Reading. Writing. Blogging. Singing. Colorguard. Musical theatre. Photography. Dance. These are the things that I enjoy.
As a young child, and all through my growing years, creativity has been instilled in me. I read every book that I could get my hands on. I wrote stories and plays and put on talent shows for my family. I started singing at a young age. I took dance classes. I did every drama club activity that was offered to me. I was very competitive in guard. I took pictures. I made scrapbooks.
The older I get, the more my creativity seems to grow. As I am maturing, all of my past thoughts and ideas grow and develop along with me. Now, more than ever, I find myself daydreaming...just thinking of all of the stories that I want to tell and the stuff that I want to create. I feel like imagination and creativity tend to be associated with childhood. What I am learning though, is, childhood is only the mere beginning of the ability to create. Adulthood gives us the opportunity to actually go through with our ideas.
In today's society, most people are going to think you're crazy if you tell them these thoughts. We have been given this false notion that as we age, imagination and daydreams have to be replaced with reality and logic. While it is true that we have to learn responsibility and "the ways of the world," still holding on to the creative strands of your identity doesn't have to be a negative thing.
Just as some people lean towards being creative, others lean towards being logical, or rational. I have to admit, these people who are blessed with the ability to view all things logically seem to have a bit more of a leg up in the world. This seems to be especially true when it comes to surviving in a typical workplace. From what I have observed, when it comes to education, creative minded people seem to be more apt to study things that they find interesting or enjoyable, rather than what will actually help them get jobs in the future. Logical people on the other hand, study with their future careers in mind.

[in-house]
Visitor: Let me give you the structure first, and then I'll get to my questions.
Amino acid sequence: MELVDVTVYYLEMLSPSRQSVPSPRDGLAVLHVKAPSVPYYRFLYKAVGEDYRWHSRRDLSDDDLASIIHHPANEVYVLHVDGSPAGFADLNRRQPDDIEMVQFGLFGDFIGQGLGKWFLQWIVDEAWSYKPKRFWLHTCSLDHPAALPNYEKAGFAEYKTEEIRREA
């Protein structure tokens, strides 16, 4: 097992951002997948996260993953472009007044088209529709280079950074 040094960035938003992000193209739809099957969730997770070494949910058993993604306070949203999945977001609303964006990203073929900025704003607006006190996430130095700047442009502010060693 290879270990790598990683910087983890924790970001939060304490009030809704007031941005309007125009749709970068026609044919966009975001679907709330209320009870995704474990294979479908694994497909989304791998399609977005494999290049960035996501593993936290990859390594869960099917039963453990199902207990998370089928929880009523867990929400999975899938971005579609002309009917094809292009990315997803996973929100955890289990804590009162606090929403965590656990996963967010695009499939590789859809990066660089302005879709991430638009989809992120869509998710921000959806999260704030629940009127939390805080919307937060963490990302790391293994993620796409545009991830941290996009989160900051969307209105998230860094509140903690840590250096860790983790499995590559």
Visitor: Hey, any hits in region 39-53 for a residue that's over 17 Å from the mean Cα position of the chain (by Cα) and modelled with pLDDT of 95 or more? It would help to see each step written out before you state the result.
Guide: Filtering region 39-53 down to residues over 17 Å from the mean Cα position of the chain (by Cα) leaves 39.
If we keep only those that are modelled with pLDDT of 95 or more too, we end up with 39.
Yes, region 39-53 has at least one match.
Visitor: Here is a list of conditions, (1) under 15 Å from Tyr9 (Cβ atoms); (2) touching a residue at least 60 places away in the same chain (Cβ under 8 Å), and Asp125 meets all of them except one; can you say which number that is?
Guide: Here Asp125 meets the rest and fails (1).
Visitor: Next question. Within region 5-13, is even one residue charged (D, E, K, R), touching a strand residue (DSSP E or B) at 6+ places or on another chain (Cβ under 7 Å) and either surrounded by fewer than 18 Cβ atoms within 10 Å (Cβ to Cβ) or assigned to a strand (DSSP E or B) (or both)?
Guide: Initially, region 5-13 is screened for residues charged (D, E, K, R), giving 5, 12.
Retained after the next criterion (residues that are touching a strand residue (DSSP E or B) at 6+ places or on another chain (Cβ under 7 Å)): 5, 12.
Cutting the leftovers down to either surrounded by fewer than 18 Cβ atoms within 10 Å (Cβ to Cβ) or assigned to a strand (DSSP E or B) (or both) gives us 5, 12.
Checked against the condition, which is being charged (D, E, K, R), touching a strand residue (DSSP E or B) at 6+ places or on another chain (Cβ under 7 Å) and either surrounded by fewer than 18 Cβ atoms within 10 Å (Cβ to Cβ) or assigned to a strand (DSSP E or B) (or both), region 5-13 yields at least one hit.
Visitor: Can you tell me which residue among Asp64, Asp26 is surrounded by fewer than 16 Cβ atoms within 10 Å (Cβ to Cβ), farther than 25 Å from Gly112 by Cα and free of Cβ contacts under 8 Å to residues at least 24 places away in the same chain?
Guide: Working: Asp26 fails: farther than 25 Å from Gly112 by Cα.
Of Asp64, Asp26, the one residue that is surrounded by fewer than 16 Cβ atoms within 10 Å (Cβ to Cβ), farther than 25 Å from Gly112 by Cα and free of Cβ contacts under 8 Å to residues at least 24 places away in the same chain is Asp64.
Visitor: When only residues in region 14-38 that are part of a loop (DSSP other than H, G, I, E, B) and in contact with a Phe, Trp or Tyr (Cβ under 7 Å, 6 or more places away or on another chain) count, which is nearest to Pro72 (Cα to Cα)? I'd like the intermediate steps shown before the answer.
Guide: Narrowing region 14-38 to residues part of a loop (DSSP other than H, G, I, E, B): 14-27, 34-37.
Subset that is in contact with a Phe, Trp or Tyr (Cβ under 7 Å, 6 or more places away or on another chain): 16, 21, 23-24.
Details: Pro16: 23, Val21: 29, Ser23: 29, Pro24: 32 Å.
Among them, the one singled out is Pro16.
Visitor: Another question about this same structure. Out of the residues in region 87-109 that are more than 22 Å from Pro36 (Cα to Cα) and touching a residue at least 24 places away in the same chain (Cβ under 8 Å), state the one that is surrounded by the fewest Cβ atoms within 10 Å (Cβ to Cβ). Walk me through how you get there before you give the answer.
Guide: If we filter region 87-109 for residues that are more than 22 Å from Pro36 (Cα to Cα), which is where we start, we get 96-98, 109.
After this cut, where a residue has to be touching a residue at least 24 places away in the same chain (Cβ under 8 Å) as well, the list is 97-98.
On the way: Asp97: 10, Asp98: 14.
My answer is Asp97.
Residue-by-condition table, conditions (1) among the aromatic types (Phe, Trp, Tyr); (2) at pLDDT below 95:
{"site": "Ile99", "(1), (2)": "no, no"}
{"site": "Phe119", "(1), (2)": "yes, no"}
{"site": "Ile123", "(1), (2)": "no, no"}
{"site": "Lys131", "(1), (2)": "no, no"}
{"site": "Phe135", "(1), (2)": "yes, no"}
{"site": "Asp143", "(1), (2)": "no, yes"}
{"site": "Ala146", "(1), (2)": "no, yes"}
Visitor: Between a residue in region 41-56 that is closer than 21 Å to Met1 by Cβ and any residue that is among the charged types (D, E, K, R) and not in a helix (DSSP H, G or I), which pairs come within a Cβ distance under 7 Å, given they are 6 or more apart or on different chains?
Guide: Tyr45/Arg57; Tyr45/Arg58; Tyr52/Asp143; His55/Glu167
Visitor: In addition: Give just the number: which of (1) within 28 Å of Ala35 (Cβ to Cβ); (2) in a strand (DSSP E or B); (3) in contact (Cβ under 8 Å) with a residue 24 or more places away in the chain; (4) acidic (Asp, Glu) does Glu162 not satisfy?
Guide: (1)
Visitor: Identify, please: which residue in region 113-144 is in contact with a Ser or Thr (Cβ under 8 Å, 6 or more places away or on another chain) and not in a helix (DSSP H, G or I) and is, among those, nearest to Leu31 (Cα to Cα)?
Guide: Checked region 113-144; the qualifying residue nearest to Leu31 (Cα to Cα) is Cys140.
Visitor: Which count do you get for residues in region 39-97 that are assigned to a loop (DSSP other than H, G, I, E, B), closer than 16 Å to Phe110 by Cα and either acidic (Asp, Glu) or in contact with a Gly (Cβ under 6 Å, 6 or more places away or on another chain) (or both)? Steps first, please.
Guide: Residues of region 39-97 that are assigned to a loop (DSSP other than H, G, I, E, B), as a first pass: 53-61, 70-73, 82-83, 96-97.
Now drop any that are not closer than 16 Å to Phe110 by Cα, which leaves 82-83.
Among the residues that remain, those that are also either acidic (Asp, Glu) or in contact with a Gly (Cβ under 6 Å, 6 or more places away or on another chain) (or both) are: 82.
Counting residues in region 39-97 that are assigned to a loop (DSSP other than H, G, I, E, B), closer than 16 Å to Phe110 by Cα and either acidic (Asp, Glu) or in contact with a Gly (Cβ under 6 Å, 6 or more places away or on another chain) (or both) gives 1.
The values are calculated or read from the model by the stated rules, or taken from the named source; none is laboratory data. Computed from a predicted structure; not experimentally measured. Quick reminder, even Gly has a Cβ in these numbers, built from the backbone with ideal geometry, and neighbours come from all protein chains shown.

Therefore, us creative people end up getting unexpectedly placed into the structured work world unprepared, because we can't always find jobs doing something that reflects our talents. Adjusting to the 8-5 office world has been really difficult for me, because the way that I naturally think doesn't coincide with the work that I am given to do. For nine hours a day, I have had to train my brain to forget about words and music and promising ideas, and instead focus on data and numbers and audits. This isn't easy, and it causes me to struggle with overall happiness. I try so hard to be a good employee and focus on the tasks at hand, but I still find myself zoned out, daydreaming, and thinking about the next twist in my novel or blog posts for next week.
It's a learning process. As long as I'm having to work this type of job, it will continue to be a learning process. Sometimes I wish I had been given the ability to think more logically, but then I realize that I wouldn't be the person that I am today. For now, I just try to view it as a learning experience. It will make me a stronger, more mature person. In the end, the experience will just be proof that I am able to do things that I didn't initially believe I could do.